Friday night started out not very promising but there was a couple of groups of boy scouts and parents that came to look through the scopes. I had a great time showing them all the usual stuff (m-13, M104, m-51) and they were very appeciative and a lot of fun. Around 11:00 things clouded up completely and five or six people came over and sat around the scope for some good conversation. Things digressed fairly quickly after someone mentioned the movable floor at the Yerkes Observatory and I mentioned that I needed the same for my scope to eliminate the problem of the eyepiece height. Someone suggested a big rig and a team of roadies to set it up, to which I replied "if you're going to have roadies than you gotta have groupies!". The thought of it even now just makes me laugh. Maybe you had to have been there. I just see tour buses full of alcohol and telescopes going to every star party like it was a Grateful Dead tour, the inevitable overdoses, a VH-1 special and of course, the reunion tour. But anyway,it still makes me chuckle. Almost as much as the Girls of Tac-Sac calendar that I have been working on. I should mention that Jane lost her cover spot after dissing my telescope for not having a Zambuto mirror.

Anyway, I went back to the motorhome around 12:30 for some warmer clothes determined to get some telescope time that evening. When I stepped back out, the sky had cleared completely and we had about 3 and half hours of awesome observing. I started with Abell 46 in Lyra (the only Abell in Lyra) at mag 15.6, it was impossible without the 0-III filter. It had a round shape and the central star was fairly easy. I next moved to Abell 61 in Cygnus. A very difficult observation due to its large size (192") and low surface brightness. I finally located it and verified its movement as I moved the scope around. With averted vision there was a hint of irregular shape and some darkening in the middle, but not sure. The Abell planetaries have been quite a challenge, but rewarding to push your telescope and observing ability to their limit. We then looked at several galaxy clusters in Coma and then moved over to Scorpius for one of the most awesome views of m-17 I had ever seen. Nebulosity for days, all kinds of internal structure, very cool. We looked at a few other things and called it a night around 4:00. Saturday was clouded out and we headed for San Diego early. All in all, a lot of fun and very relaxing (much needed I might add). Hope to see you soon.....I am staying away "on business" in sunny southern california until things clear up around there.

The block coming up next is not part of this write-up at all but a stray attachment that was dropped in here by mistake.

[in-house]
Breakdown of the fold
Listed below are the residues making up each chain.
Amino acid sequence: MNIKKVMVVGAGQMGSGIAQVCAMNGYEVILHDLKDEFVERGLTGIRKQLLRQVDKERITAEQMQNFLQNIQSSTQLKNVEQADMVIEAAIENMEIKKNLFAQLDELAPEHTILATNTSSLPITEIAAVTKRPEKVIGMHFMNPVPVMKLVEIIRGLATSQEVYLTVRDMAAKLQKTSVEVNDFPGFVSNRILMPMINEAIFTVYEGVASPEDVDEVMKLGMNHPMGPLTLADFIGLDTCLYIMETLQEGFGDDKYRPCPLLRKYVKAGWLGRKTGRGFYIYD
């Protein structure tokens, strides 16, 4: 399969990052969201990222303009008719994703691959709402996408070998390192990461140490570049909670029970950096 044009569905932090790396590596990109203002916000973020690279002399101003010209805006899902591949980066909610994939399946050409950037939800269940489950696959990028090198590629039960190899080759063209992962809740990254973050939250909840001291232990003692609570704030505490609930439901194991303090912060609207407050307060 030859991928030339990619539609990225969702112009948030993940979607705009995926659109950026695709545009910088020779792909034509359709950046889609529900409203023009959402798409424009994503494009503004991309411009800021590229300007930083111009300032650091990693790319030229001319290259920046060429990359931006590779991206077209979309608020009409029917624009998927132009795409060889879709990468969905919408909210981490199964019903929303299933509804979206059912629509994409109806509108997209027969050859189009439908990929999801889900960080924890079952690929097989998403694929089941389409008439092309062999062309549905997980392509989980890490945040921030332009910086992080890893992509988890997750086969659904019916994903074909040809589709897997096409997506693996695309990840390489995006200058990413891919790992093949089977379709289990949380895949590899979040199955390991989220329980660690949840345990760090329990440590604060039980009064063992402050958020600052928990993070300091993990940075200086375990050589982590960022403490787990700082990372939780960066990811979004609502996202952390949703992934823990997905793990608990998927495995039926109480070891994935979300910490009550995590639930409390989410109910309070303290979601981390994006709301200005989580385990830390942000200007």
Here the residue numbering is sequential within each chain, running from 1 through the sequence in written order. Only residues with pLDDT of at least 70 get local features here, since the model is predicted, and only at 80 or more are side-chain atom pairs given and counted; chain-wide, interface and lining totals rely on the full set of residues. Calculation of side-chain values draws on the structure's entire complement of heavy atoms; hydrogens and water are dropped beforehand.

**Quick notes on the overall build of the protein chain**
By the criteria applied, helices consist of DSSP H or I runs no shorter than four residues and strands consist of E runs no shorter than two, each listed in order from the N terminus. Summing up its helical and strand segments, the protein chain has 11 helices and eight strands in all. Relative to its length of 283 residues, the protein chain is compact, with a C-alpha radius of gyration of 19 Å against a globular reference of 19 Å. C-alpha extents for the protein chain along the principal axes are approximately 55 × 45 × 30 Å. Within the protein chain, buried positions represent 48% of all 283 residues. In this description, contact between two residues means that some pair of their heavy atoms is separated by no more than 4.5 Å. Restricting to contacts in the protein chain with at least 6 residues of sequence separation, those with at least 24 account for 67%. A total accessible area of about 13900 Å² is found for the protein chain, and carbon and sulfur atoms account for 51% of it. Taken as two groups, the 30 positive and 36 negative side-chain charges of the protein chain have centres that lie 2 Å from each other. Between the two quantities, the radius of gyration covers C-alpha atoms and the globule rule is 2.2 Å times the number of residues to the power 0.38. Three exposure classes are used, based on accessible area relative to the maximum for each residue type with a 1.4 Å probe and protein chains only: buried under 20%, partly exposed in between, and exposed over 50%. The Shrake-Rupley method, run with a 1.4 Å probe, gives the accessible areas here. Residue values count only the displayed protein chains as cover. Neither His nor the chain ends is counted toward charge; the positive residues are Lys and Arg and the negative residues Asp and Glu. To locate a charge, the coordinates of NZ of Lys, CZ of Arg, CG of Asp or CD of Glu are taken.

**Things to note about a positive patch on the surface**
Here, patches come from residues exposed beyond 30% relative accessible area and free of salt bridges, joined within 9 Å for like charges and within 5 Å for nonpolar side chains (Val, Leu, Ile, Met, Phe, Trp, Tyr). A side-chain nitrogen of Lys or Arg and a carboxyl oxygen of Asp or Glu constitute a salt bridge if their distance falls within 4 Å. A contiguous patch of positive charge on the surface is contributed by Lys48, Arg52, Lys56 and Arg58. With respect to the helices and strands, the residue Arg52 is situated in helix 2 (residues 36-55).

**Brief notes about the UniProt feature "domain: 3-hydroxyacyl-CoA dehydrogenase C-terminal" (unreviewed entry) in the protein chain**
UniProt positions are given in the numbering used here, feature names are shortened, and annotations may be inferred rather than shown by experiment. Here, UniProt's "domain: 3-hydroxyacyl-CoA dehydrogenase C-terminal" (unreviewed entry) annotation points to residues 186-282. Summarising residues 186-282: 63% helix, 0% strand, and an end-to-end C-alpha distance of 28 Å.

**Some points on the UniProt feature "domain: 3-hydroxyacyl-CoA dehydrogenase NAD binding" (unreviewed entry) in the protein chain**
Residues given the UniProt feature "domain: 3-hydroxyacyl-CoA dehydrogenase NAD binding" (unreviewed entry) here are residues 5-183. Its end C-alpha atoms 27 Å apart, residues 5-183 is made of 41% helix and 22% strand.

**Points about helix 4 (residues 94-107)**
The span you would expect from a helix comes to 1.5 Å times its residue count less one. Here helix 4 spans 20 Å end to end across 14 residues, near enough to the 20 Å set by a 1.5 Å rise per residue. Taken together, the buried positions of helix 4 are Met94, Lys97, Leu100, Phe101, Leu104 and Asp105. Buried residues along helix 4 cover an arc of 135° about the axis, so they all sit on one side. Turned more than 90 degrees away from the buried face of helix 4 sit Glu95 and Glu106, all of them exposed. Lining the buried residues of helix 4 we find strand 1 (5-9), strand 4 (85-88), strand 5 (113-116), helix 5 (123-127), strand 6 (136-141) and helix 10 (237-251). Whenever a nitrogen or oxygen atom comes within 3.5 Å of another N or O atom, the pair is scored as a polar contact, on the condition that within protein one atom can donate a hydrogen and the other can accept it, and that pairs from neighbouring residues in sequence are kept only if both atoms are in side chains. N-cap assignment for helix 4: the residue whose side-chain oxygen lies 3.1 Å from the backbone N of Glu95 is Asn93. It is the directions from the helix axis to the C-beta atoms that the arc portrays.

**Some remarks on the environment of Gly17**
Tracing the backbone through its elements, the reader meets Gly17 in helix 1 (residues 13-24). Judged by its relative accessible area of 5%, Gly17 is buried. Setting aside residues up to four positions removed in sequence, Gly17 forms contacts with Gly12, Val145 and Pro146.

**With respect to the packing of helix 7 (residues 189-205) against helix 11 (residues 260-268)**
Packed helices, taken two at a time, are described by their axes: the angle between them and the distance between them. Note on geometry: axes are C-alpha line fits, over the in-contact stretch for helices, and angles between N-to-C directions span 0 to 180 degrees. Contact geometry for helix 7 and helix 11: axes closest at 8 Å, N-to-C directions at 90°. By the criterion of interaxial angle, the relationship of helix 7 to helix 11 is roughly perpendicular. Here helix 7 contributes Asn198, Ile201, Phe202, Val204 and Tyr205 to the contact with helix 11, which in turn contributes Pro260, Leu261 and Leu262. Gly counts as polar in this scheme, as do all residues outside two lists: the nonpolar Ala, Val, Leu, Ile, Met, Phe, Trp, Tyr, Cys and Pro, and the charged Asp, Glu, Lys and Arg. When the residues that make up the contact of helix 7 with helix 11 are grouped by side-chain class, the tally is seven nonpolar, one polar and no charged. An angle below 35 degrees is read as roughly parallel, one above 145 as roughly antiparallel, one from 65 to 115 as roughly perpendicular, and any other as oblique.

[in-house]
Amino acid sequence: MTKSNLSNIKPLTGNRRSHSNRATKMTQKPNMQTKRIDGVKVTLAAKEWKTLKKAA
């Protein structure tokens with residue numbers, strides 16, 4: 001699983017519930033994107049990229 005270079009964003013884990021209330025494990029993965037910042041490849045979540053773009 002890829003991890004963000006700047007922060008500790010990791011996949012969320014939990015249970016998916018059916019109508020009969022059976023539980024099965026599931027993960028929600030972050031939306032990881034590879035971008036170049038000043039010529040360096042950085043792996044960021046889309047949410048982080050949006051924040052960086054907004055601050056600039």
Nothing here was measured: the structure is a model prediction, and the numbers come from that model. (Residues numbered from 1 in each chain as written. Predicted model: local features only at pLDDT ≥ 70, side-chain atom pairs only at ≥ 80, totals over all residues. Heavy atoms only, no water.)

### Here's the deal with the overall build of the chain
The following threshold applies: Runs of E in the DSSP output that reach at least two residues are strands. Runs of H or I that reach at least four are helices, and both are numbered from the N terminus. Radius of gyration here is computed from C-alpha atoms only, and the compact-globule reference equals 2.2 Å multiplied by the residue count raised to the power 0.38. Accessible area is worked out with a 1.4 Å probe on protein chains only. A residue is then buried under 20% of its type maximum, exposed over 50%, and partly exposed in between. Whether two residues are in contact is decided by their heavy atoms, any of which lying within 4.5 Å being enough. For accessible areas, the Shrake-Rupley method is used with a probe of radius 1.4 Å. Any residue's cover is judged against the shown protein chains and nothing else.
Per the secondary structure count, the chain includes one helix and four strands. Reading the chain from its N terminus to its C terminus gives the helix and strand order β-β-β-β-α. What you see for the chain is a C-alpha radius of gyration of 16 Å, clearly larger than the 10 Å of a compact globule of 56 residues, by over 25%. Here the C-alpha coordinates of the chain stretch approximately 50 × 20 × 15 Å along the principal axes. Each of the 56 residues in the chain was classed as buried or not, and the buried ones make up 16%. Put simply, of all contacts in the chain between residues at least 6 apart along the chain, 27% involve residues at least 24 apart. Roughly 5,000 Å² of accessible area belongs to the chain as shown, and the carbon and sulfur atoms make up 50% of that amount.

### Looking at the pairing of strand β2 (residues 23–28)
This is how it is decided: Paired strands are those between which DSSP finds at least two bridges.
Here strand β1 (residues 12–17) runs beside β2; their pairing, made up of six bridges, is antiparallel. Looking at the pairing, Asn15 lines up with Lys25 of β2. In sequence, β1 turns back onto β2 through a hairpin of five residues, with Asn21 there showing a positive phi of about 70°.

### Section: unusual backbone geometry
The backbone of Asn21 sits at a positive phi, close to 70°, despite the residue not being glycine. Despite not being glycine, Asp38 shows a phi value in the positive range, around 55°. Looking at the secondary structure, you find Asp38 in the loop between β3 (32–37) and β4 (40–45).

Funniest things heard at the Desert Sunset Star Party:

By the planner of the event: "This thing got one of those Zimbabwe mirrors?"

Nice woman: "I'm okay" After taking the shortcut off my ladder, stumbling backwards five feet, nearly flattening my 19 month-old daughter and then landing on her rear.

My wife: "You're an idiot" After I ran out of gas in the middle of nowhere at 2:30 in the morning. I guess Ford's don't have low fuel lights.

My wife: "You're an idiot" After she realized I had grossly under- estimated the space my telescope was going to take up in the motorhome and that we had nowhere to eat or store extra stuff, not to mention the safety hazard of these huge parts flying around when I hit the brakes.

And last, but not least:

Me: "Last call for the Ring nebula in the 30". Nobody got it. But I thought of you all when I said it.